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The #MeToo Show Coming to New York Fashion Week

On Feb. 9, Myriam Chalek will unveil a #MeToo New York Fashion Week show with models wearing garments that ‘visualize’ their experiences of sexual misconduct.

Photo Illustration by Sarah Rogers/The Daily Beast

Myriam Chalek wants New York Fashion Week to feel the effects of #MeToo very directly. Known mostly for her work as the organizer and designer of the “International Dwarf Fashion Show,” Chalek is organizing an event centered on the #MeToo movement.

The fashions and the show itself—set for Feb. 9 at a mystery midtown Manhattan location to be announced on Feb. 6—are less the purpose of the event than creating awareness about the movement, Chalek told The Daily Beast.

“A lot of times people forget that fashion is an art,” she said. “What is art? It’s a way of expressing yourself and you don’t really need to use words, it’s almost like a therapy.

“I spoke to many women and young females. Many times they get blamed for what happened to them. There is a strong connection between the clothes that somebody is wearing and the blame that society puts on the victims and survivors.

“Having this fashion show is a way to say, ‘Regardless of what you are wearing, it’s not your clothes that are guilty of what happened to you.’

“Is this fashion show going to make such a big impact that we are not going to have that anymore? Of course not, the only way to change things is to be united, to be a unity and stand up and say, ‘That is not OK, we are not going to accept this anymore, because that is not right.’”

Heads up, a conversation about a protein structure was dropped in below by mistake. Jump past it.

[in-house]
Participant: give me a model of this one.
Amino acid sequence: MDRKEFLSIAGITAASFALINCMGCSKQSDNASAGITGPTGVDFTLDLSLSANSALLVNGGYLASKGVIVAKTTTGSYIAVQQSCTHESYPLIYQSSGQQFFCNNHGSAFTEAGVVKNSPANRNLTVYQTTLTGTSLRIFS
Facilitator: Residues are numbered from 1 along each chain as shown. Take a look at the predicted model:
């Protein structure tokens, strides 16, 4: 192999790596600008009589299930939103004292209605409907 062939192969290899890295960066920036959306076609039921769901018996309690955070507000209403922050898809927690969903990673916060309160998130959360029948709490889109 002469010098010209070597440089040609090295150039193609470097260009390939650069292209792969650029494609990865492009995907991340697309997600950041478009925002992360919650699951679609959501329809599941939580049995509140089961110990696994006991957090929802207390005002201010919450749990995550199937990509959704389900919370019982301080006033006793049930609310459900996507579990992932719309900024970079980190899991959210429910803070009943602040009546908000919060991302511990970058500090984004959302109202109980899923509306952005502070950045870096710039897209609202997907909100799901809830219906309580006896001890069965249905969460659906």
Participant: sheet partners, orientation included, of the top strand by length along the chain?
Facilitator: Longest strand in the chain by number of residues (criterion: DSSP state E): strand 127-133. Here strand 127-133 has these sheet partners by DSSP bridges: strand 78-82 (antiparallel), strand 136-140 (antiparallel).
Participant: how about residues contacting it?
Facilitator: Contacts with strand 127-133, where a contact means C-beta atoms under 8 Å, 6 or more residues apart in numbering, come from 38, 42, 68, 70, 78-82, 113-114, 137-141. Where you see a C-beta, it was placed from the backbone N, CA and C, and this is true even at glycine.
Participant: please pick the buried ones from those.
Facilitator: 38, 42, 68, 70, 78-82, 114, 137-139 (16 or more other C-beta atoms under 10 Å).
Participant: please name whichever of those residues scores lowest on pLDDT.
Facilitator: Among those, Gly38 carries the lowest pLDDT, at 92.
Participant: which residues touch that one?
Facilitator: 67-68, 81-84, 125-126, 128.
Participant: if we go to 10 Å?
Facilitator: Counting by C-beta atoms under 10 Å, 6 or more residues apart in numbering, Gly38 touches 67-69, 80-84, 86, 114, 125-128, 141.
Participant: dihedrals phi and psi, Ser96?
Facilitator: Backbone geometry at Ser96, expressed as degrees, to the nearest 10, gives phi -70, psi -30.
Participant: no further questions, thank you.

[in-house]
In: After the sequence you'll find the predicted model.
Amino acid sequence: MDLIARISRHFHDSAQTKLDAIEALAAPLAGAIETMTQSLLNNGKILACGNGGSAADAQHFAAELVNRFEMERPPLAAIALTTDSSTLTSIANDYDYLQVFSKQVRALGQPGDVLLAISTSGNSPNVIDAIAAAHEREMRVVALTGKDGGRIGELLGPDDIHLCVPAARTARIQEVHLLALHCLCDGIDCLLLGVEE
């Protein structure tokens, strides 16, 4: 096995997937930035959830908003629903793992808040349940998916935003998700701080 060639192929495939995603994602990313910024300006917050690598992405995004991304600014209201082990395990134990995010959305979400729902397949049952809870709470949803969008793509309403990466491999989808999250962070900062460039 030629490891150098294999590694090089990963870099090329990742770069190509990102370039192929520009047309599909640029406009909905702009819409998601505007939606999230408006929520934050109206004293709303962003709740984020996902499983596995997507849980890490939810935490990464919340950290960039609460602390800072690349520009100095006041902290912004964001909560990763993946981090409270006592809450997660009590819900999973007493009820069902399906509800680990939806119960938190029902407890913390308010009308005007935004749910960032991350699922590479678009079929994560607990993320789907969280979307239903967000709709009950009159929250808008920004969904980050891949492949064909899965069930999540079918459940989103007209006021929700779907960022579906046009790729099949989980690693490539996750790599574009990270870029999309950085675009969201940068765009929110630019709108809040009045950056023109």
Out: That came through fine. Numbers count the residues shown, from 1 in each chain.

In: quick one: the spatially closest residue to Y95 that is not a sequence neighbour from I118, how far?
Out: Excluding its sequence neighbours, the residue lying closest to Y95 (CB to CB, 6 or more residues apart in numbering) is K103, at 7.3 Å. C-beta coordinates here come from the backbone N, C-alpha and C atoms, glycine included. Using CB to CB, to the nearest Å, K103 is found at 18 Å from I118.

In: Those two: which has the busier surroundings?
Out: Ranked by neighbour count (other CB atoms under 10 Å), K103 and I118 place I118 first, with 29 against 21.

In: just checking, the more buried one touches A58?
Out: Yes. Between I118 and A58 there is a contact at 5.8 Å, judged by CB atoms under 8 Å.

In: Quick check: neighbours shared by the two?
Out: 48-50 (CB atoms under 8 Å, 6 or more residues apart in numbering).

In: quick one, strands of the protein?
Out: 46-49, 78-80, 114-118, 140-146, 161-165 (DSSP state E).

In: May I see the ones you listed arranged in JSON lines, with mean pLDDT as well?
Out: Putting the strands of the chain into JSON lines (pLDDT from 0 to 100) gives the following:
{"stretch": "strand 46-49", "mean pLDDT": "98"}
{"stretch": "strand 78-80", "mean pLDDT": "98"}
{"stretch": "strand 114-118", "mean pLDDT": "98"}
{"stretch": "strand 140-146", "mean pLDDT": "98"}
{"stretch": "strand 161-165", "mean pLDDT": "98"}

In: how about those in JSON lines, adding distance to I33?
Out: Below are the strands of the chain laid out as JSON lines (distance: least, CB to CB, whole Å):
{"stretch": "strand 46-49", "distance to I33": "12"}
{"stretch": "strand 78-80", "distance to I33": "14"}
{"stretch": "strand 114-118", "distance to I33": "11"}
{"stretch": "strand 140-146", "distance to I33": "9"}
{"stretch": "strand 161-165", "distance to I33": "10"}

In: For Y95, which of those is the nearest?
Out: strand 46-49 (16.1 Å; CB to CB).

NYFW is no stranger to activism: Becca McCharen-Tran of Chromat once used her platform to express thoughts on Donald Trump, and designers throughout the 2016 September shows used the opportunity to declare (albeit in vain) that #ImWithHer.

This past fall Tracy Reese’s presentation sought to challenge prevailing industry standards of beauty, and featured a diverse array of models who were given the unusual opportunity to speak about them themselves as part of the presentation.

The #MeToo event diverges from traditional fashion shows in other ways. It’s purposefully nonexclusive and open to the public. Models will wear garments that “visualize” their experience of sexual misconduct, and some will speak of their experiences.

However, not much more has been revealed about the particulars of the event, and the particulars of the event are veiled in even more secrecy than the average show, including its location.

The Eventbrite page advertising it boasts a tagline for the event: “Slap the Pig Outta Him!!!” which is featured next to a comic strip style drawing illustrating this action.

Chalek said that the “Slap the Pig” slogan was the French equivalent to the #MeToo slogan.

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“I’m French, and we have the same movement in France,” she said. “This movement is all over the world, the difference between the United States and France, let’s say Europe in general, is that the emphasis has been put here, in the United States, on the victim and the survivor. In France and Europe, the emphasis has been put on the perpetrator of the crime.”

She hopes to “raise awareness towards sexual misconduct, not only sexual abuse, because sexual abuse, it is a criminal act… I think sexual misconduct is a better terminology to use for the #MeToo movement because many girls and many women have suffered sexual misconduct that is not punishable by law unfortunately.”